Cricket: Wishing on a star for the selectors' vote: Glenn Moore on the need for England to plan for the future in choosing the side for the third Test at Trent Bridge

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The Independent Online
IN DRESSING-ROOMS all over the country today Test hopefuls will be turning to the predictions of the pundits; not those guessing the England team but those forecasting their stars. An entry such as: 'Expect to do well at work from Thursday right through the weekend' could be enough to win Ted Dexter's vote when he is beamed down from the Starship Enterprise to join today's selection deliberations in a UFO somewhere near the M25.

Alternatively he, Scotty, Dr McCoy and Mr Spock, aka Graham Gooch, Keith Fletcher and Dennis Amiss, may prefer to select on the basis of more earthly aspects, such as wickets taken and runs scored, although that would appear to be a fairly radical departure from the usual process.

On their recent form there is no guarantee the selectors will pay any more attention to events in Southampton than to those on Venus, although with Australia resting Shane Warne for their match against Hampshire that may not be as foolish as it seems. It would be just like Robin Smith to score a century off Merv Hughes only to revert to the flawed hero when faced with Warne's leg-spin.

Some changes will certainly be made after the appalling performance at Lord's. The danger is that the second-innings 'fightback', when England managed 57 per cent of Australia's first-innings total on a dead wicket against three bowlers, will win some players an unjustified reprieve.

The first player dropped will be Chris Lewis. A return of two wickets for 151 and two ducks was not quite what the selectors had in mind when he was given a last chance. The player in line to replace him was, deservedly, Alan Igglesden until he suffered a back injury at Headingley yesterday. The rest is all guesswork, as the choices of this selection panel are about as easy to predict as the Wimbledon men's champion.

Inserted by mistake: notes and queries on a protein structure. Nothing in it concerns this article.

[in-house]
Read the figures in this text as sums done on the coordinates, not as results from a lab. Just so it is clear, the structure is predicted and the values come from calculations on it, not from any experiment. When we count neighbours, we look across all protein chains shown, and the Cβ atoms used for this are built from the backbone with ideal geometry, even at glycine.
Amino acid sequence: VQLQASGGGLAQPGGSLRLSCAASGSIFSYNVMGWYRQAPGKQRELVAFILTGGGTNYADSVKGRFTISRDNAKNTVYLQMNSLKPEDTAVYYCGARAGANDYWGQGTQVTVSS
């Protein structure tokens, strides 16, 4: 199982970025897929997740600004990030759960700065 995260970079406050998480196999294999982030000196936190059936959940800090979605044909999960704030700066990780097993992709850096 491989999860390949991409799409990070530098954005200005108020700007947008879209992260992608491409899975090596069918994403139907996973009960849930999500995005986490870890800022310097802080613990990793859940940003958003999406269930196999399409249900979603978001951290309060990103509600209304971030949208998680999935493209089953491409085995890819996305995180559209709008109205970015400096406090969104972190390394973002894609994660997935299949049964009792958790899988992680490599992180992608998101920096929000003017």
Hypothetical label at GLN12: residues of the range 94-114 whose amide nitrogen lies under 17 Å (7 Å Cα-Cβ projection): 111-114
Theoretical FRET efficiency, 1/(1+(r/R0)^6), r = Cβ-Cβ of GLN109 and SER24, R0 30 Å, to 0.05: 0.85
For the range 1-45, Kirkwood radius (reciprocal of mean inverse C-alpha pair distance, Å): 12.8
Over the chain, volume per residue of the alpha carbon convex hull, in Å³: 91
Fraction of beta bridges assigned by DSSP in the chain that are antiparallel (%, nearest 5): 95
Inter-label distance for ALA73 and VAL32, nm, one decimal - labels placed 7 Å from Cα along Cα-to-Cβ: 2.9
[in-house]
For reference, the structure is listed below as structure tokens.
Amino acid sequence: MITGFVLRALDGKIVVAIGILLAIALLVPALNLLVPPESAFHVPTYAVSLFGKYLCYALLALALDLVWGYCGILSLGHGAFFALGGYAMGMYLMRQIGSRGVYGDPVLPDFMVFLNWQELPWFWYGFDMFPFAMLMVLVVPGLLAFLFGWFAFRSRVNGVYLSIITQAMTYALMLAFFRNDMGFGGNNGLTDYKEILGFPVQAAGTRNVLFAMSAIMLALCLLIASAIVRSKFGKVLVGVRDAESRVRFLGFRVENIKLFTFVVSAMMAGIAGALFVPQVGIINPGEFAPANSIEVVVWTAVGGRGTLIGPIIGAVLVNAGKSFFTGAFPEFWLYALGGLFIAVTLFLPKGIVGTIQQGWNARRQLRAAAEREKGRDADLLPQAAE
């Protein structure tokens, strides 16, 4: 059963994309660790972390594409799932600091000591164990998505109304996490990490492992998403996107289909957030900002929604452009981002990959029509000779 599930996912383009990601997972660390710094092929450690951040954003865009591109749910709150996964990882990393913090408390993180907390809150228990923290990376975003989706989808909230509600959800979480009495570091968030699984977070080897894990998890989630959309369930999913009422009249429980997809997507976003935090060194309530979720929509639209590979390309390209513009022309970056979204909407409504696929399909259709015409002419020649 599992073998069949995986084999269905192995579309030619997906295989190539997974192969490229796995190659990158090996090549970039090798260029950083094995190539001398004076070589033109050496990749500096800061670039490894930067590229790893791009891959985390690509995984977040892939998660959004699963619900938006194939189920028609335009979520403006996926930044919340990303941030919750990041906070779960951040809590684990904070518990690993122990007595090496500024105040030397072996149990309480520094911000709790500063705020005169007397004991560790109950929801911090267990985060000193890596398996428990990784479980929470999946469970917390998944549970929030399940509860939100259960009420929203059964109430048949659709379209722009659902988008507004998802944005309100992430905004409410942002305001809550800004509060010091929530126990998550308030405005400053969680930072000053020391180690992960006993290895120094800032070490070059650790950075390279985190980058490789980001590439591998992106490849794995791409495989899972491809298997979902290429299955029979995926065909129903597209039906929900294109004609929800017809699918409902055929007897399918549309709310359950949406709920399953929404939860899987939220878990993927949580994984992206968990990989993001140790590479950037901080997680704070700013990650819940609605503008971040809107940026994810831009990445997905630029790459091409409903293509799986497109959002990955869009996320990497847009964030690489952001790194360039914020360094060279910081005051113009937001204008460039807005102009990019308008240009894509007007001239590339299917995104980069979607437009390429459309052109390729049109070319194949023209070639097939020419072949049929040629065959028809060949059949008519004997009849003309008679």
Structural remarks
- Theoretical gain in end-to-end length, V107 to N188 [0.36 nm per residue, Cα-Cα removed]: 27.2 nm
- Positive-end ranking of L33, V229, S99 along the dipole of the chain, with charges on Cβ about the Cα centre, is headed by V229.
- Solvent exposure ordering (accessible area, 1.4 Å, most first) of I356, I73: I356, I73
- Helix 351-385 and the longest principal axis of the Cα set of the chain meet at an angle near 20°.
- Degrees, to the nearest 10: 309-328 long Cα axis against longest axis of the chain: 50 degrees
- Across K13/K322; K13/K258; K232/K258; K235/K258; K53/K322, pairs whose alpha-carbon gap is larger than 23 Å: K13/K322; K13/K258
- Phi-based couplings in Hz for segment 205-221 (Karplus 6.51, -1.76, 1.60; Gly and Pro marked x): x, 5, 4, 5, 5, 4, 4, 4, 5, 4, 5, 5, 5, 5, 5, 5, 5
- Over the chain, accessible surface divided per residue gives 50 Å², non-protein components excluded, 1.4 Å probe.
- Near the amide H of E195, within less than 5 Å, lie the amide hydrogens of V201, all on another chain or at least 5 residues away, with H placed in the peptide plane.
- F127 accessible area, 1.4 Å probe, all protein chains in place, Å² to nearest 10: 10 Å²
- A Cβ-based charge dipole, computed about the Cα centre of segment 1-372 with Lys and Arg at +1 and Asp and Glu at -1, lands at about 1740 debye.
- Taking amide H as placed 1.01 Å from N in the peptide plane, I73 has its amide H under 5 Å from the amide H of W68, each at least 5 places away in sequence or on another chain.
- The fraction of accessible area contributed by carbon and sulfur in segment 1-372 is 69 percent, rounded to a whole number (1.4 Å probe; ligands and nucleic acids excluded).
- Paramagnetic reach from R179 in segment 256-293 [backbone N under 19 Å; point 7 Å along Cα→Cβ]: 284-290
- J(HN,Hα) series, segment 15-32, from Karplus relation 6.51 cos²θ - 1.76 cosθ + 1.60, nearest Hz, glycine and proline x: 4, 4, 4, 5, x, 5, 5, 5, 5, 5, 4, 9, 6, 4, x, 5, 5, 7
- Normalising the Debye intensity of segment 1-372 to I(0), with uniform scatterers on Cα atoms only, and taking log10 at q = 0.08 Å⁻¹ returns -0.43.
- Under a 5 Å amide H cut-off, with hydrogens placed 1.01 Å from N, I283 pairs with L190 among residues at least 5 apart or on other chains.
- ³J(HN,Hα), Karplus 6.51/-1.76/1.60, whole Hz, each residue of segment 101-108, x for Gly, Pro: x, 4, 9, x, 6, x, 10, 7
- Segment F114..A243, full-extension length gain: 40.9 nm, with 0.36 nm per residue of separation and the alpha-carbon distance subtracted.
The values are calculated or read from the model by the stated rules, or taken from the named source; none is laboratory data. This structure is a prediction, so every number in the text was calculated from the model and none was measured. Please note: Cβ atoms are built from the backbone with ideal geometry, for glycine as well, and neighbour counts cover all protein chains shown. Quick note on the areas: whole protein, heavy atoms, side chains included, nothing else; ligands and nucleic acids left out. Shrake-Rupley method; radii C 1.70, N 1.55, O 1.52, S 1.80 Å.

Given the assumption that Gooch, having been persuaded to stay on, will not be tendering his resignation today, he will open with Michael Atherton. Behind them Mike Gatting, Graeme Hick, Robin Smith and Alec Stewart are all in danger of being dropped, but while most will escape, only Stewart ought to with the proviso that someone else keeps wicket and he bats at No 3.

Gatting, for all his determination and ill fortune, is no longer a Test-class batsman. Smith is a shadow of the Edgbaston butcher - the next batsman in starts reaching for his gloves and bat as soon as he sees Warne at the top of his mark.

While Smith believes that batsman's heaven is populated by thousands of Merv Hugheses, to Hick that is a vision of hell, the Australian fast bowler having followed those of Pakistan and the West Indies in preying on his weakness against the short delivery.

Yet he could play this stuff once; for all the criticism of the County Championship, it features Wasim Akram, Waqar Younis, Curtly Ambrose and Malcolm Marshall, and he has made runs off all of them. The problem remains as much mental as technical, although one affects the other. If he does not play now, unlike Smith, there is no point in taking him to the West Indies. There were signs at Lord's that he is adopting a more aggressive approach against Hughes and, with McDermott not playing, there is a case for retaining Hick as the youngest of the trio and a useful spinner.

After two Tests in which David Gower should have played if he was fit, it may now be too late. Of course, he is the same player he was a month ago, but the circumstances are different. At two down it is realistic to begin planning for the future, a move which may have the beneficial side-effect of new players, untainted by constant failure, doing well immediately. So the replacements ought to come from the younger generation of batsmen, such as Mark Lathwell, Graham Thorpe, Mark Ramprakash and Matthew Maynard, and the slightly older Hugh Morris and Rob Bailey.

Thorpe, as the left-hander, and Ramprakash or Maynard would be my choice. None are complete strangers to the England set-up, but neither have they lingered long enough to answer a word association test on 'English cricket' with 'innings defeat'. Having relieved (very much the operative word) Alec Stewart of the gloves, a wicketkeeper (remember those?) is required. Jack Russell remains the outstanding candidate even if, ironically, his superior batting keeps him ahead of Colin Metson.

That leaves five bowlers to pick and only four to play. Andrew Caddick and Peter Such should retain their places, Mark Ilott has done nothing wrong except be forgotten on the first morning of Test matches and Igglesden should complete the quartet. With his county partner McCague also injured yesterday, it is likely to fall to either Martin Bicknell or Steve Watkin to step in if Igglesden fails to recover in time. Ian Salisbury, whose temperament and talent is worth persevering with, should be included.

My XIII: Gooch, Atherton, Stewart, Ramprakash, Hick, Thorpe, Russell, Caddick, Ilott, Such, Igglesden, Watkin, Salisbury.

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